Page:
Jonah thought that the people of Nineveh were the only ones who needed God’s transforming work. But Jonah had his own sin package that needed transforming in God. Jonah had things like prejudice and hatred; self-will and self-centeredness. He had a need for God’s perspective on people if he was going to grow up in God. So God would not let Jonah off the hook.
When Jonah walked into Nineveh with a simple eight word message from the Lord, God used the words to prick the hearts of the Ninevites and repentance followed. The whole town turned to God! And when the people of Nineveh repented of their sins and turned to the Lord, God reacted to their faith in grace and saved them. Their conversion was part of God’s perfect plan! But the salvation of the people of Nineveh was not in Jonah’s plan so he “burned with anger”. He was hopping mad at God because God was merciful rather than vengeful, acting with forgiveness rather than wrath.
To him, it just wasn’t fair. So Jonah threw a first-class pity party in the same way children throw temper tantrums when they don’t get their way. His hurt and anger was so deep that he wanted God to kill him! All because he didn’t get his way and because he had to endure embarrassment, he wanted to give up on life itself. What a sad commentary that is on all of us who expect God to give us what we want and not what God wants for all people, even those we consider to be enemies!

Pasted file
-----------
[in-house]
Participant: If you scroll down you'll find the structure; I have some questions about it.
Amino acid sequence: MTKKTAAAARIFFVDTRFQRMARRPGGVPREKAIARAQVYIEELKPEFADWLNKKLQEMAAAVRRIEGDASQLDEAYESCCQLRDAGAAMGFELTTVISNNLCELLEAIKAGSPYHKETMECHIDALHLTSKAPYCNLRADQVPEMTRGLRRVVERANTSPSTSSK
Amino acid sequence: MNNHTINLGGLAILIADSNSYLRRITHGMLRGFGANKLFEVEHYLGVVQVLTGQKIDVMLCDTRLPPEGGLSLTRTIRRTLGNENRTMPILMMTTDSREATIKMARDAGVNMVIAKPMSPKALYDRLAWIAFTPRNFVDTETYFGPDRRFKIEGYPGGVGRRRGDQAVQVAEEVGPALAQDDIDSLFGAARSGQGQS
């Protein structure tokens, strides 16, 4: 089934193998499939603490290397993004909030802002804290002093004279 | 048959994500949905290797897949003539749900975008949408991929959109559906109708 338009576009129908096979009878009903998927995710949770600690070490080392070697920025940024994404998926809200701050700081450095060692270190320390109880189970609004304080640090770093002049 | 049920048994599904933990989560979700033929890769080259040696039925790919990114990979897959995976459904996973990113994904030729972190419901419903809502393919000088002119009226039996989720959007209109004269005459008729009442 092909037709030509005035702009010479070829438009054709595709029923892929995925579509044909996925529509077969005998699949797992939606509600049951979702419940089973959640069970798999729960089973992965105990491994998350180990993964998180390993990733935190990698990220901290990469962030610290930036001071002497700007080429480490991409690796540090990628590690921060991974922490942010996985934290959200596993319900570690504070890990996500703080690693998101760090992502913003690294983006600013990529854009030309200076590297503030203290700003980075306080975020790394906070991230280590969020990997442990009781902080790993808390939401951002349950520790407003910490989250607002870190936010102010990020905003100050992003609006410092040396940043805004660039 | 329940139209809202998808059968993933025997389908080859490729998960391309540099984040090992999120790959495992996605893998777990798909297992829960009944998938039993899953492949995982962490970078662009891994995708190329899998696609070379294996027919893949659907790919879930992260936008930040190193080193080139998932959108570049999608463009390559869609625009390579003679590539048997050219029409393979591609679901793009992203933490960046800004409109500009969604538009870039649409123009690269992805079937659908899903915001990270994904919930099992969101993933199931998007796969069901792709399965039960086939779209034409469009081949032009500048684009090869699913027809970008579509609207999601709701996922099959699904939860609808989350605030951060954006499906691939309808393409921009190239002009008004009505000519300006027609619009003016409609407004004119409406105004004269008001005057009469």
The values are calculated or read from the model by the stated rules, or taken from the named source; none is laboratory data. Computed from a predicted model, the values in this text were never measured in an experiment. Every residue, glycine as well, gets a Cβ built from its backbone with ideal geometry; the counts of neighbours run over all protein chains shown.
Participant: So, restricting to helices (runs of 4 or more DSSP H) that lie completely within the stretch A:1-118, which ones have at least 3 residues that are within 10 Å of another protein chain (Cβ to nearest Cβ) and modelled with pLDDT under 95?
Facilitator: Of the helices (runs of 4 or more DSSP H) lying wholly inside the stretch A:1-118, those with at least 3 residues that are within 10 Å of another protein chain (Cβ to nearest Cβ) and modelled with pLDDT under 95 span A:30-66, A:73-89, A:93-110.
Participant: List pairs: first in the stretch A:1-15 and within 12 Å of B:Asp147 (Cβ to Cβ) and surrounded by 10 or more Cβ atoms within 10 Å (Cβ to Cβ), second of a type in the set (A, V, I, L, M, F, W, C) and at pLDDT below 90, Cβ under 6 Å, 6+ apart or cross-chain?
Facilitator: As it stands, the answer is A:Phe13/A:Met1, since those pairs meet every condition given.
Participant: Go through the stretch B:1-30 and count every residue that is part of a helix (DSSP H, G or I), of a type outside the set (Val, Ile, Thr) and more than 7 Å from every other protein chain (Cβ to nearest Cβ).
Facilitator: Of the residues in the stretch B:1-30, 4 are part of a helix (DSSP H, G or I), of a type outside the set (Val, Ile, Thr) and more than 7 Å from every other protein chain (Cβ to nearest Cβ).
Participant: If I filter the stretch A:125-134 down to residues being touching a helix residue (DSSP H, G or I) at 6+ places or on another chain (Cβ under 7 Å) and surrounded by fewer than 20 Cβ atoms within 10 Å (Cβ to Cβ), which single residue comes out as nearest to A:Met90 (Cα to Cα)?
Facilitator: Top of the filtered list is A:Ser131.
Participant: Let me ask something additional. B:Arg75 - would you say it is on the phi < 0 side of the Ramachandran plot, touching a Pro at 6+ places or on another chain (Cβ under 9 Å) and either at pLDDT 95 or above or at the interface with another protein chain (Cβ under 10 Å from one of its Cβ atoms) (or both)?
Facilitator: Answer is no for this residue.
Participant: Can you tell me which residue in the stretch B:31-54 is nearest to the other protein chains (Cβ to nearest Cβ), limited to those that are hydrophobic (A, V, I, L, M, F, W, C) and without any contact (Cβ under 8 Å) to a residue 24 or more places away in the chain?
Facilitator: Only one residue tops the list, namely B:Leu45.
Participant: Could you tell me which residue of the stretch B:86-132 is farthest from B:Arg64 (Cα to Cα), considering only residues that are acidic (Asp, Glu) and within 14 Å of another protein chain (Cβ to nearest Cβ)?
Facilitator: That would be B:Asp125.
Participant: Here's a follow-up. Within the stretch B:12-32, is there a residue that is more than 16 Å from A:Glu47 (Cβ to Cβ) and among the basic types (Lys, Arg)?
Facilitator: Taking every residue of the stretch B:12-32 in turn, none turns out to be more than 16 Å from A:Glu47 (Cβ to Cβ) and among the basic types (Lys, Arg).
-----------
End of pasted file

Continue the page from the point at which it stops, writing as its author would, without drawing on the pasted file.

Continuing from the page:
Jonah had given up on God, but the Lord was not about to give up on Jonah, any more than the Lord gave up on the people of Nineveh or is willing to give up on any of us. The Lord extended his grace to Jonah, even when Jonah’s heart was obviously not right with God. The Lord graciously allowed a vine to grow over the prophet’s hut to give him shelter and comfort. But just as Jonah was beginning to enjoy the vine, God sent a worm to destroy the vine. And with this, Jonah got even angrier!
But the Lord was not about to give up on Jonah. This time, God set the record straight! He reminded Jonah that Jonah cared more about a vine than he did about the souls of the people of Nineveh. He cared more about his own comfort and reputation, his own hatred and prejudice, than he did about people made in the image of God, a people who would have perished had God not intervened!
As pointed out by Cathy Ventkatesh, “God is not just by our human ways of accounting. Undeserving people receive blessings, often ahead of deserving ones. If we consider ourselves deserving, this is bad news. But if we recognize our own failings and the amazing graciousness of God, this is wonderful news indeed. In God’s economy there is enough for everyone, and those who need grace the most are most likely to receive it first…”
God wants us to seek and receive mercy and forgiveness from his perspective, not from the perspective of our limited point of view. God wants us to trust him to do the right thing. For, we have a God who promises to right wrongs, and even up the scales – if not now- then a bit later. We have a God who doesn’t give up on us even when we try our best to run away from him. We have a God who listens to us and who will set us straight if we allow him to show us the way. We have a God of mercy and grace, a God who could have destroyed the people of Nineveh and a defiant prophet, but instead of destroying chose to save.
May we trust in this God who finds fairness in forgiveness, and justice in mercy and grace. And may the peace of God, which surpasses all human understanding, keep your hearts and your minds in Christ Jesus. Amen.